Many precision specialists note that brand purity isn’t often a priority when customers invest in farm technology. Farmers want products that work, and increasingly, different brands of products that work together, without sacrificing performance or efficiency.

Although the ISOBUS 11783 standard has been around for nearly 15 years, only recently have manufacturers made a concerted effort to work together on improving equipment compatibility.

“It’s because the customer is starting to understand the technology better and they are putting more pressure on manufacturers to come up with solutions,” says Ryan Pilot, engineering manager with Agtron Enterprises in Saskatoon, Saskatchewan. “There’s no sense having a high-end system if it all it does is look good or have a touchscreen. Farmers want the mapping, the steering; they want it all to work together.”

Several equipment manufacturers shared the same view with Precision Farming Dealer at the Agricultural Electronics Industry Foundation’s (AEF) Plugfest event held in Lincoln, Neb., on May 6-9.

The bi-annual gathering allows nearly 150 agricultural engineers from dozens of companies to analyze precision component compatibility through a standardized conformance test. The goal is to achieve ISOBUS certification in conjunction with AEF compatibility guidelines.

While Pilot and other industry professionals say true “plug-and-play” capability is still likely several years away, two new AEF tools could improve precision dealers’ ability to research and solve compatibility problems.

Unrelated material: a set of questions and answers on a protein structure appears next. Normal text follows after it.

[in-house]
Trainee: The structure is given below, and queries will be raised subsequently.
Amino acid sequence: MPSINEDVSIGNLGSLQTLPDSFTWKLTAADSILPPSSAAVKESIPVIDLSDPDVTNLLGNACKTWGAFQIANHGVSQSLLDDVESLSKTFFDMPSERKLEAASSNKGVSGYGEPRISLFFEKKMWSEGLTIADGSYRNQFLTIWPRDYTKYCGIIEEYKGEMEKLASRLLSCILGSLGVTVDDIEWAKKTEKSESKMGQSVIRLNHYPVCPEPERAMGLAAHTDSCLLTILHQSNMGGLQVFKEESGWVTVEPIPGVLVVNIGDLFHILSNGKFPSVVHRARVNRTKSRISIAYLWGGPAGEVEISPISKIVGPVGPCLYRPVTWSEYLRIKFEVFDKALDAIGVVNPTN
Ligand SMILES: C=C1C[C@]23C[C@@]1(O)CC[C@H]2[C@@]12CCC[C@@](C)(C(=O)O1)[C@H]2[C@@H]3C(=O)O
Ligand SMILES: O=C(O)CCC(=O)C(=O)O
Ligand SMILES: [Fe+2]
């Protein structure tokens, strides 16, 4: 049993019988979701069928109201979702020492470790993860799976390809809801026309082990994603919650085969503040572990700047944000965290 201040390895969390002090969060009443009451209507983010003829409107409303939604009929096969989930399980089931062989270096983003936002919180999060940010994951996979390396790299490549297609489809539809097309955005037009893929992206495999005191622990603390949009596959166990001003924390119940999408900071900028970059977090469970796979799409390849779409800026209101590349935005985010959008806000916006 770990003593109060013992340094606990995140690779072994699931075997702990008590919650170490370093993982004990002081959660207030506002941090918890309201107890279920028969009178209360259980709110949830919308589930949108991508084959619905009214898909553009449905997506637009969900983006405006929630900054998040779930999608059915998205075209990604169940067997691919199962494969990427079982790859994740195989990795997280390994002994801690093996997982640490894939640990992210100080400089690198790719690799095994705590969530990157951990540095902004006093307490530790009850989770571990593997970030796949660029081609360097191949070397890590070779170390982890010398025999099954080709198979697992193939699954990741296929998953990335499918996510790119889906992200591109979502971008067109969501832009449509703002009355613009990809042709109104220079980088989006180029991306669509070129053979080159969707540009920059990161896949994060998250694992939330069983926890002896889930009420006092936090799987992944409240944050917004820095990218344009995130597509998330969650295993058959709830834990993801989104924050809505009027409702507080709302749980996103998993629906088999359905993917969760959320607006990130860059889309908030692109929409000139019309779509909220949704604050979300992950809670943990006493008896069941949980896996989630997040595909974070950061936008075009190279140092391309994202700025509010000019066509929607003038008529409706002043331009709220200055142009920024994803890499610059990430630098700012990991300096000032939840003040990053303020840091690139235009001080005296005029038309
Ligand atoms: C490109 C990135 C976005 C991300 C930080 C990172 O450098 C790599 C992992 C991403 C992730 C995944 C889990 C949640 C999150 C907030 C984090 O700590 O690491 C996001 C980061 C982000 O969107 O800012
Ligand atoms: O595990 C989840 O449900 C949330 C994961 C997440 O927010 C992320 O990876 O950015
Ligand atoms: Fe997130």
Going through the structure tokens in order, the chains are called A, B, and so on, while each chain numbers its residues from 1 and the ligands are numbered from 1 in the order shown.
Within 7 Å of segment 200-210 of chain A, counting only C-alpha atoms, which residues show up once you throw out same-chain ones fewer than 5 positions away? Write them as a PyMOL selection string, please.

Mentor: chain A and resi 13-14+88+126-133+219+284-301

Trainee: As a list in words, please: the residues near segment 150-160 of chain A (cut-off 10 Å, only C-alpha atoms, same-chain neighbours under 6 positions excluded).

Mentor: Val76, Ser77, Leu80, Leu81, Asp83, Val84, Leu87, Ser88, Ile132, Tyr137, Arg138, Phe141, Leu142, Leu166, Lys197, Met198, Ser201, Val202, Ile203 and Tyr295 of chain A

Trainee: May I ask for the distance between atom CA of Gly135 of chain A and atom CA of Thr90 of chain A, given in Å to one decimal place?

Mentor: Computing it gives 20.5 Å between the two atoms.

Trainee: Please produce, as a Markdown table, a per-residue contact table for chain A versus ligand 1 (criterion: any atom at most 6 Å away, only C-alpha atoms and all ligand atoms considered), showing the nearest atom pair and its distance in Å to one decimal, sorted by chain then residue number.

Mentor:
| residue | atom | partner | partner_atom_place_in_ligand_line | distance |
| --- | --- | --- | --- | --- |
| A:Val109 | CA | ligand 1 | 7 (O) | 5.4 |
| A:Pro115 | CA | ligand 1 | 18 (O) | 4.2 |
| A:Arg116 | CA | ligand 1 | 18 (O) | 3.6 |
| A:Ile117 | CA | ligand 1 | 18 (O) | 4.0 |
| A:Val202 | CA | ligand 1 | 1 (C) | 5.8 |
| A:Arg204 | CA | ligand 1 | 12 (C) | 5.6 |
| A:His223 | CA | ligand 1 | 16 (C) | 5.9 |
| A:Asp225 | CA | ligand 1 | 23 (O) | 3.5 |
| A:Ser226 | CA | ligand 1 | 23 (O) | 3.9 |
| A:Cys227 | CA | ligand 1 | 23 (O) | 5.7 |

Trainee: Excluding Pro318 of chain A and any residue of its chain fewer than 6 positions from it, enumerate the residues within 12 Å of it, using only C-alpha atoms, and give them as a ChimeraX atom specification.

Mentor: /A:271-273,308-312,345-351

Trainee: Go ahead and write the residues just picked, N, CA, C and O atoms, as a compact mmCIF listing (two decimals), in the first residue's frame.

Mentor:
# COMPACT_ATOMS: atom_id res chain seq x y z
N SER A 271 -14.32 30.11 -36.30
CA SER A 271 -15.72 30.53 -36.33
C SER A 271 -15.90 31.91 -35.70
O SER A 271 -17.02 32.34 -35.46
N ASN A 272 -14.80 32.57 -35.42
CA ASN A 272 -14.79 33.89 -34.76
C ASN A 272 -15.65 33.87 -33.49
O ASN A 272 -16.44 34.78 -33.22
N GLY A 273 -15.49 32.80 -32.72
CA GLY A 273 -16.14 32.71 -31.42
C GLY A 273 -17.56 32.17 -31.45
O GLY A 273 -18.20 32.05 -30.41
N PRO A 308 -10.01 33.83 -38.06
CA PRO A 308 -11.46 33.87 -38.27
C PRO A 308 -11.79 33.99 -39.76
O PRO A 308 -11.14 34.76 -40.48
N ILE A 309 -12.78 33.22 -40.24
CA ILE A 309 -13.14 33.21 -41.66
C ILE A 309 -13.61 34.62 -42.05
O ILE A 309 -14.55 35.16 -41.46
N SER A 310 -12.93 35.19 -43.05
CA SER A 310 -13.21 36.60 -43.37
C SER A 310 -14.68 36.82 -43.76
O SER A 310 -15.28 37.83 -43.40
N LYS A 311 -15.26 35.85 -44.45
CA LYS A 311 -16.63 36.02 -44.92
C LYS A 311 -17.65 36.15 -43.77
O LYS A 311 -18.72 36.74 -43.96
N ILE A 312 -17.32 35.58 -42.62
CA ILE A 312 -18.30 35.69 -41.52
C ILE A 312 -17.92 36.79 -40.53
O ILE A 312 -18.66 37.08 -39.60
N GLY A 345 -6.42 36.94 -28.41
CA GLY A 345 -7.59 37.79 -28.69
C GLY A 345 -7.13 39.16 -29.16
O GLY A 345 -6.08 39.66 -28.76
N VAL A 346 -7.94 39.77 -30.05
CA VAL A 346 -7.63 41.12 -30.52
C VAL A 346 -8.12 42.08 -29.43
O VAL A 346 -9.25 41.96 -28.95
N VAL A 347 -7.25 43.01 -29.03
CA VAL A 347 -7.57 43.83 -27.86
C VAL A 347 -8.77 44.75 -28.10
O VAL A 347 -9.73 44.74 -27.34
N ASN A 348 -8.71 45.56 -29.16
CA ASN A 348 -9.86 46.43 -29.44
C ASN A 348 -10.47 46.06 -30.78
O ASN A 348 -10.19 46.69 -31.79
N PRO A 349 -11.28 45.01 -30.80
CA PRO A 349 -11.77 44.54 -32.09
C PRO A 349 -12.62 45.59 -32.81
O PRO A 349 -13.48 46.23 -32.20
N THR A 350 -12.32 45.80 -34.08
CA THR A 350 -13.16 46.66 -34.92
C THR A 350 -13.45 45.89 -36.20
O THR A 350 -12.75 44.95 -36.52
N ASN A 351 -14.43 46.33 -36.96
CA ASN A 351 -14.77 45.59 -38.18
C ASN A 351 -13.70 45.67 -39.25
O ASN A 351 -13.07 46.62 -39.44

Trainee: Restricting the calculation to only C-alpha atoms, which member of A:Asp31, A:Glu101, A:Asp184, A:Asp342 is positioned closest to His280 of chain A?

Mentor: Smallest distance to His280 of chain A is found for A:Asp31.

By the end of the year, dealers will be able to work with manufacturers to access the AEF database of ISO-compatible equipment. This will allow dealers to quickly match functionality of tractors and implements, says Andrew Olliver, from the AEF communications and marketing group.

“This will be a useful sales tool for dealers, especially when a customer has one brand of tractor and is looking to purchase another brand of implement,” Olliver says. “If a farmer has a New Holland or Case IH  tractor and wants to buy a Horsch planter or an AGCO baler, the dealer will be able to quickly log onto the database and check the combined functionality for the customer.”

Initial access to the database will be to one individual at the dealership, who can then grant access to additional employees, including precision specialists and technicians.

As the database is rolled out to dealers, training them on how to maximize its value is another element that will be addressed, Olliver says. The AEF is offering online sessions to train manufacturers; the onus is then on each manufacturer to train their dealers in advance of the rollout.

Precision technicians will also have the opportunity to run automatic in-field compatibility checks on equipment with a software tool that is connected to the AEF database.

“The technician can plug into the ISOBUS system and run a software program downloaded from the database called ISOBUS Check Tool to interrogate all the electronic control units (ECU) to create a log file,” Olliver says. “If a technician is out in the field and has an ISOBUS issue, he’ll be able to run this check tool and determine if the tractor and implement aren’t working together.”

If there’s not a quick fix, the technician can then open up a support ticket with the equipment manufacturers, via the AEF ISOBUS database and  attach the diagnostic file.

“The beauty is that by having that diagnostic ticket and the details of the problem, it makes it a lot easier to start the diagnostic process,” Olliver says. “The dealer is really going to benefit from this tool because it’s a timesaver in the field to get faster resolution of compatibility problems.”

This article reprinted from Precision Farming Dealer.